•      Sun Jul 21 2024

WHO congratulates Nepal for legislation to restrict trans-fatty acids in food

Kathmandu, Feb 17: The World Health Organization (WHO) has congratulated Nepal for formulating law on restricting levels of industrially produced trans-fatty acids in food items.

Issuing a press statement recently, Saima Wazed, Regional Director for South East Asia, lauded Nepal for taking steps to curb the production of trans-fat through legislation, a move aimed at promoting health and saving lives.

“Eliminating trans-fatty acids is a cost-effective measure with great health benefits in preventing premature deaths from cardiovascular diseases,” said Director Wazed.

She expressed her confidence that the new legislation would potentially protect nearly 80 per cent of the South East Asia Region’s population from the harms of trans-fatty acids. Trans-fat is found in industrially produced vegetable ghee and oil.

Nepal issued the new laws on trans-fatty acids on February 8 in the Nepal gazette. The new legislation mandates that the amount of trans-fat should not exceed 2 per cent of the weight of the total fatty acids contained in the food items.

Globally, 540,000 deaths are attributed to intake of industrially produced trans-fatty acids, according to the WHO. “High trans-fat intake significantly increases the risk of death from cardiovascular diseases. Trans-fat has no known health benefits,” said the press statement.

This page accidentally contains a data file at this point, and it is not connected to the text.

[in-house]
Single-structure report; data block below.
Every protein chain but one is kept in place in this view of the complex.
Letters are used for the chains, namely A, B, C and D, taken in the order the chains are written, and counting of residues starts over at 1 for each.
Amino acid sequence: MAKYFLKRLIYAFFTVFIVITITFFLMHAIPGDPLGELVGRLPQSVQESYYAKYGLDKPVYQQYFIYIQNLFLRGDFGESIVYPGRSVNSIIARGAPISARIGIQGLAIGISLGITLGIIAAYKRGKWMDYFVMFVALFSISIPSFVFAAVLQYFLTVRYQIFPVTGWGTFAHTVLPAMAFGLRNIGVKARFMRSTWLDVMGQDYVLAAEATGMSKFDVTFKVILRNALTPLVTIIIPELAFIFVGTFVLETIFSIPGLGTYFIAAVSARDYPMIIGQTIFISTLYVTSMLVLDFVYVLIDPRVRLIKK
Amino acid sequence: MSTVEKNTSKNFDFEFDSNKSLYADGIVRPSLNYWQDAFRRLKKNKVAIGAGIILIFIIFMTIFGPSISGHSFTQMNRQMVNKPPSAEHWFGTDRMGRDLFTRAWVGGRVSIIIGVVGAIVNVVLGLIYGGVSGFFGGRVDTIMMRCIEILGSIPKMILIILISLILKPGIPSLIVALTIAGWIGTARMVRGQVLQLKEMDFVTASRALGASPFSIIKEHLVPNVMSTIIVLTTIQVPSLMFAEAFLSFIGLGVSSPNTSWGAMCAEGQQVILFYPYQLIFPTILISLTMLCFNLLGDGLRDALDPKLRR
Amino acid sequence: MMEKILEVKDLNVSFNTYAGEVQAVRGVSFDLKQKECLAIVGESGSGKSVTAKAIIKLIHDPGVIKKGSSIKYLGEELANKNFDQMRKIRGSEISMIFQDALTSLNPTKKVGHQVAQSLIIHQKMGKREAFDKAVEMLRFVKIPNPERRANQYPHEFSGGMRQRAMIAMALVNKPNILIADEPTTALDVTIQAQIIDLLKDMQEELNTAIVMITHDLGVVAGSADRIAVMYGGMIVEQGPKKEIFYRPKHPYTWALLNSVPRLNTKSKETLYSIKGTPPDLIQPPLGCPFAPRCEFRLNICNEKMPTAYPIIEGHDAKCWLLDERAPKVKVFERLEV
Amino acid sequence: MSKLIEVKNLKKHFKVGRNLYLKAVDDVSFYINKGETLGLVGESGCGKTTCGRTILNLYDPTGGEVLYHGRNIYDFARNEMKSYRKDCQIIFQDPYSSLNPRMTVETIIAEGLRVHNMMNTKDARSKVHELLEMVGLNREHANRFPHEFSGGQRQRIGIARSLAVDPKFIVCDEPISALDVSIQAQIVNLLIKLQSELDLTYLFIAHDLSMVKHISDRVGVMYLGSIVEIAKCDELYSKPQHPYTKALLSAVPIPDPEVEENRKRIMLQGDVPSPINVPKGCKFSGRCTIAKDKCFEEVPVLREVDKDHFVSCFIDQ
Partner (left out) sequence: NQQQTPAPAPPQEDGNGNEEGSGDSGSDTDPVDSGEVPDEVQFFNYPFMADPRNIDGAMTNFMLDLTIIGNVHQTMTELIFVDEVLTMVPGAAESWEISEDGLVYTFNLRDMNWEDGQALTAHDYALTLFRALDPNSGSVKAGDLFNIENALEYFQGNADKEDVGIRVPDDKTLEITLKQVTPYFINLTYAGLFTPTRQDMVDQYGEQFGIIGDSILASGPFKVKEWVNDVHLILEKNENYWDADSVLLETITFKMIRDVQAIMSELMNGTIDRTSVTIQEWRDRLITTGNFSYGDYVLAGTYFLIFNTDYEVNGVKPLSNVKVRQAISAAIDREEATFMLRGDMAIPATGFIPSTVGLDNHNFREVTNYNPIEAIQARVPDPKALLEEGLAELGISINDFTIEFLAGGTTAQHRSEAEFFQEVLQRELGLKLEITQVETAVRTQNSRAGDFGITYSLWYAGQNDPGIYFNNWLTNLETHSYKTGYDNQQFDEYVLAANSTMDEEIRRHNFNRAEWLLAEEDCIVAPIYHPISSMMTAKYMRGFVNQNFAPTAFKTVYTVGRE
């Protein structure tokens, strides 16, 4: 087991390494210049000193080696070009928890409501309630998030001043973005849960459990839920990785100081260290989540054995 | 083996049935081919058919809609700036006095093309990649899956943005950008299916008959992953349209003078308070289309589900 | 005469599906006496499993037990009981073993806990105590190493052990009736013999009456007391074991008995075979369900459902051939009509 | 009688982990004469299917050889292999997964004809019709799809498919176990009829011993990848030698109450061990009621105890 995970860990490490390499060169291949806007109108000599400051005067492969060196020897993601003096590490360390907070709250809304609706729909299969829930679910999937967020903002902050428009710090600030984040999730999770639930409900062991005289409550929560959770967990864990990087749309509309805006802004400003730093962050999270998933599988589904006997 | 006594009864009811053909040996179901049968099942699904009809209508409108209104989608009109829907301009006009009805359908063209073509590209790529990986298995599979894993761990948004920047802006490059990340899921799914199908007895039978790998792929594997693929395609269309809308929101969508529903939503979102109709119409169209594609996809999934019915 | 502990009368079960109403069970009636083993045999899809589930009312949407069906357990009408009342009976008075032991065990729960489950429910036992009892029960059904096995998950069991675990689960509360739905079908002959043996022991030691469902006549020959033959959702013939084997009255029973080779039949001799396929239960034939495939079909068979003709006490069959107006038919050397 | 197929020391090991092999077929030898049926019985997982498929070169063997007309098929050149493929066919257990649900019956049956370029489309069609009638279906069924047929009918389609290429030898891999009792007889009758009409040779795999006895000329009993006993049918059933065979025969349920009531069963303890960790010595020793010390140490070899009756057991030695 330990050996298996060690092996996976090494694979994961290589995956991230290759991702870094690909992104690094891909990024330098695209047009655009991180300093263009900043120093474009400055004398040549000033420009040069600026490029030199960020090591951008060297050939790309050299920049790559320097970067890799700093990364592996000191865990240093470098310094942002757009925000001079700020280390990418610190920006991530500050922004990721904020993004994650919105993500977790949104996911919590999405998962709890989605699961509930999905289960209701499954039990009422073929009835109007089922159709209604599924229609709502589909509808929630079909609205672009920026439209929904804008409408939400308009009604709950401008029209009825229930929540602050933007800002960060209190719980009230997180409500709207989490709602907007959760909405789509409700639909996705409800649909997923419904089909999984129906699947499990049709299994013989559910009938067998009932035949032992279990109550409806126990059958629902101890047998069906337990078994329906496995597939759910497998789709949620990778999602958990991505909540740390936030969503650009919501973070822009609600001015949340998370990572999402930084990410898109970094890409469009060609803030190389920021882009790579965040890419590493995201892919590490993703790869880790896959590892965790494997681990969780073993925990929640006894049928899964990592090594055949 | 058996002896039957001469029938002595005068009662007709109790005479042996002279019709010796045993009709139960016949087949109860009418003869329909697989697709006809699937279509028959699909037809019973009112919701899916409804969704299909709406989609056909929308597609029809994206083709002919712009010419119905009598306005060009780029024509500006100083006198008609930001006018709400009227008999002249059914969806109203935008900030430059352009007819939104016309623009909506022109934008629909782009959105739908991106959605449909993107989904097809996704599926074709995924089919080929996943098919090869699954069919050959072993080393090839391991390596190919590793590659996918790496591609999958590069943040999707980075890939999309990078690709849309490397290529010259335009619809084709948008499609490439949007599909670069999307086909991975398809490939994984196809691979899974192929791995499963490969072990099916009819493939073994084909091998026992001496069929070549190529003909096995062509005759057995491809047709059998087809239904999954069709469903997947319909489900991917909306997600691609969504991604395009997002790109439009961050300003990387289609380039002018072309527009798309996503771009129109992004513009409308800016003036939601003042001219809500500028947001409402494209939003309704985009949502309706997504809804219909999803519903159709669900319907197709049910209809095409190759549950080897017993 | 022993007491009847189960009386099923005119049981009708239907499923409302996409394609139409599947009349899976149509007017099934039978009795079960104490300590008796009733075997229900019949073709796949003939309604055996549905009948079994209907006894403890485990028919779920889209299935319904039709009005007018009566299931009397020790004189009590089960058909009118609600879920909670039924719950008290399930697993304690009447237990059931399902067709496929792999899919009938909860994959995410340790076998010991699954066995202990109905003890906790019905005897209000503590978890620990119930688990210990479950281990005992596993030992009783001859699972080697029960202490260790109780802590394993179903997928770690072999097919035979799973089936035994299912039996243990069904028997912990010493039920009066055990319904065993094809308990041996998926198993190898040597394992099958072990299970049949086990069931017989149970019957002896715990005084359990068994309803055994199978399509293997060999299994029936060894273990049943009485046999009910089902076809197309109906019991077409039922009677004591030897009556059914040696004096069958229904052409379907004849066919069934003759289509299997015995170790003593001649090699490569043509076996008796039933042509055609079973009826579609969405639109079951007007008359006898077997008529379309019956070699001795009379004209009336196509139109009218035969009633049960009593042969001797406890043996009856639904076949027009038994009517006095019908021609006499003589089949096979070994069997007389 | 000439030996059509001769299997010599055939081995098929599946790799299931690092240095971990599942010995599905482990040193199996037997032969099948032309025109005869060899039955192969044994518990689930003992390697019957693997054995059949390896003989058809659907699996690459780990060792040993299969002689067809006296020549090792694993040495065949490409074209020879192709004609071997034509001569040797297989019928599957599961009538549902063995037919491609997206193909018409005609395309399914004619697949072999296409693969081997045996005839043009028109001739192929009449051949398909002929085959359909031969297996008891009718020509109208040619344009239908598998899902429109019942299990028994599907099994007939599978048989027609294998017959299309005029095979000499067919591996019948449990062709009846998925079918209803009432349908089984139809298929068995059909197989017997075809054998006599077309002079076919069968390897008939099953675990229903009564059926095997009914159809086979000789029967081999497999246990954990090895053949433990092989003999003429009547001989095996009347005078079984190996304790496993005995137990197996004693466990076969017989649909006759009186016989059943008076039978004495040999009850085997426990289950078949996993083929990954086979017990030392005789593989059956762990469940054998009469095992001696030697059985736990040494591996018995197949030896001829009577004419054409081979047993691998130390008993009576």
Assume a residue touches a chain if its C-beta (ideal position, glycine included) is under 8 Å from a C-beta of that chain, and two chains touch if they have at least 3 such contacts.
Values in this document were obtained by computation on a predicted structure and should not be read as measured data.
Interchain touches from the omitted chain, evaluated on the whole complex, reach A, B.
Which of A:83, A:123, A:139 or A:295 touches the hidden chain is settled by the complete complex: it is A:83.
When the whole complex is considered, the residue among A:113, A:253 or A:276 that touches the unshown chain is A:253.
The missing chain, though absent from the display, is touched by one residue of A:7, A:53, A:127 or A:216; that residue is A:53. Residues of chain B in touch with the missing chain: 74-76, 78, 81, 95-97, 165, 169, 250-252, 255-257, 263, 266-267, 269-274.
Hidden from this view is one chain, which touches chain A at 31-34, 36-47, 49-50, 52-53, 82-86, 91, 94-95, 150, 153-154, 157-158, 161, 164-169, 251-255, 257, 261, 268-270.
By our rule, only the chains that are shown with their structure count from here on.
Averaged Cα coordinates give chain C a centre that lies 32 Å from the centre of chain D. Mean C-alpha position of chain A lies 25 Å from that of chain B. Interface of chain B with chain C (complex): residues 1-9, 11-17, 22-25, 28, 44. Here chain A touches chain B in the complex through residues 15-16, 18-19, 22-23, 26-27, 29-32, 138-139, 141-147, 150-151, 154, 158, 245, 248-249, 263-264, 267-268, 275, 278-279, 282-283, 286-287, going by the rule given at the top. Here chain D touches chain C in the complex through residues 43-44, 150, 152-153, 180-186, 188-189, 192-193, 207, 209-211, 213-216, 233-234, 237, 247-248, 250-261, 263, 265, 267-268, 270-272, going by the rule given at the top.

In the WHO South-East Asia Region, non-communicable diseases cause 69 per cent of the nearly nine million deaths every year with cardiovascular diseases being the major cause of death, according to the press statement.

Nepal has become the fifth nation to issue the legislation on trans-fatty acid after Thailand, India and Bangladesh adopted the regulations on the same in 2022 while Sri Lanka followed suit in 2023.

The WHO has expresses its confidence that the elimination of trans-fatty acids from the food supply would enhance the health and wellbeing of people and also help attaint the Sustainable Development Goals (SDG) target of reducing premature mortality by one-third from non-communicable diseases by 2030. RSS

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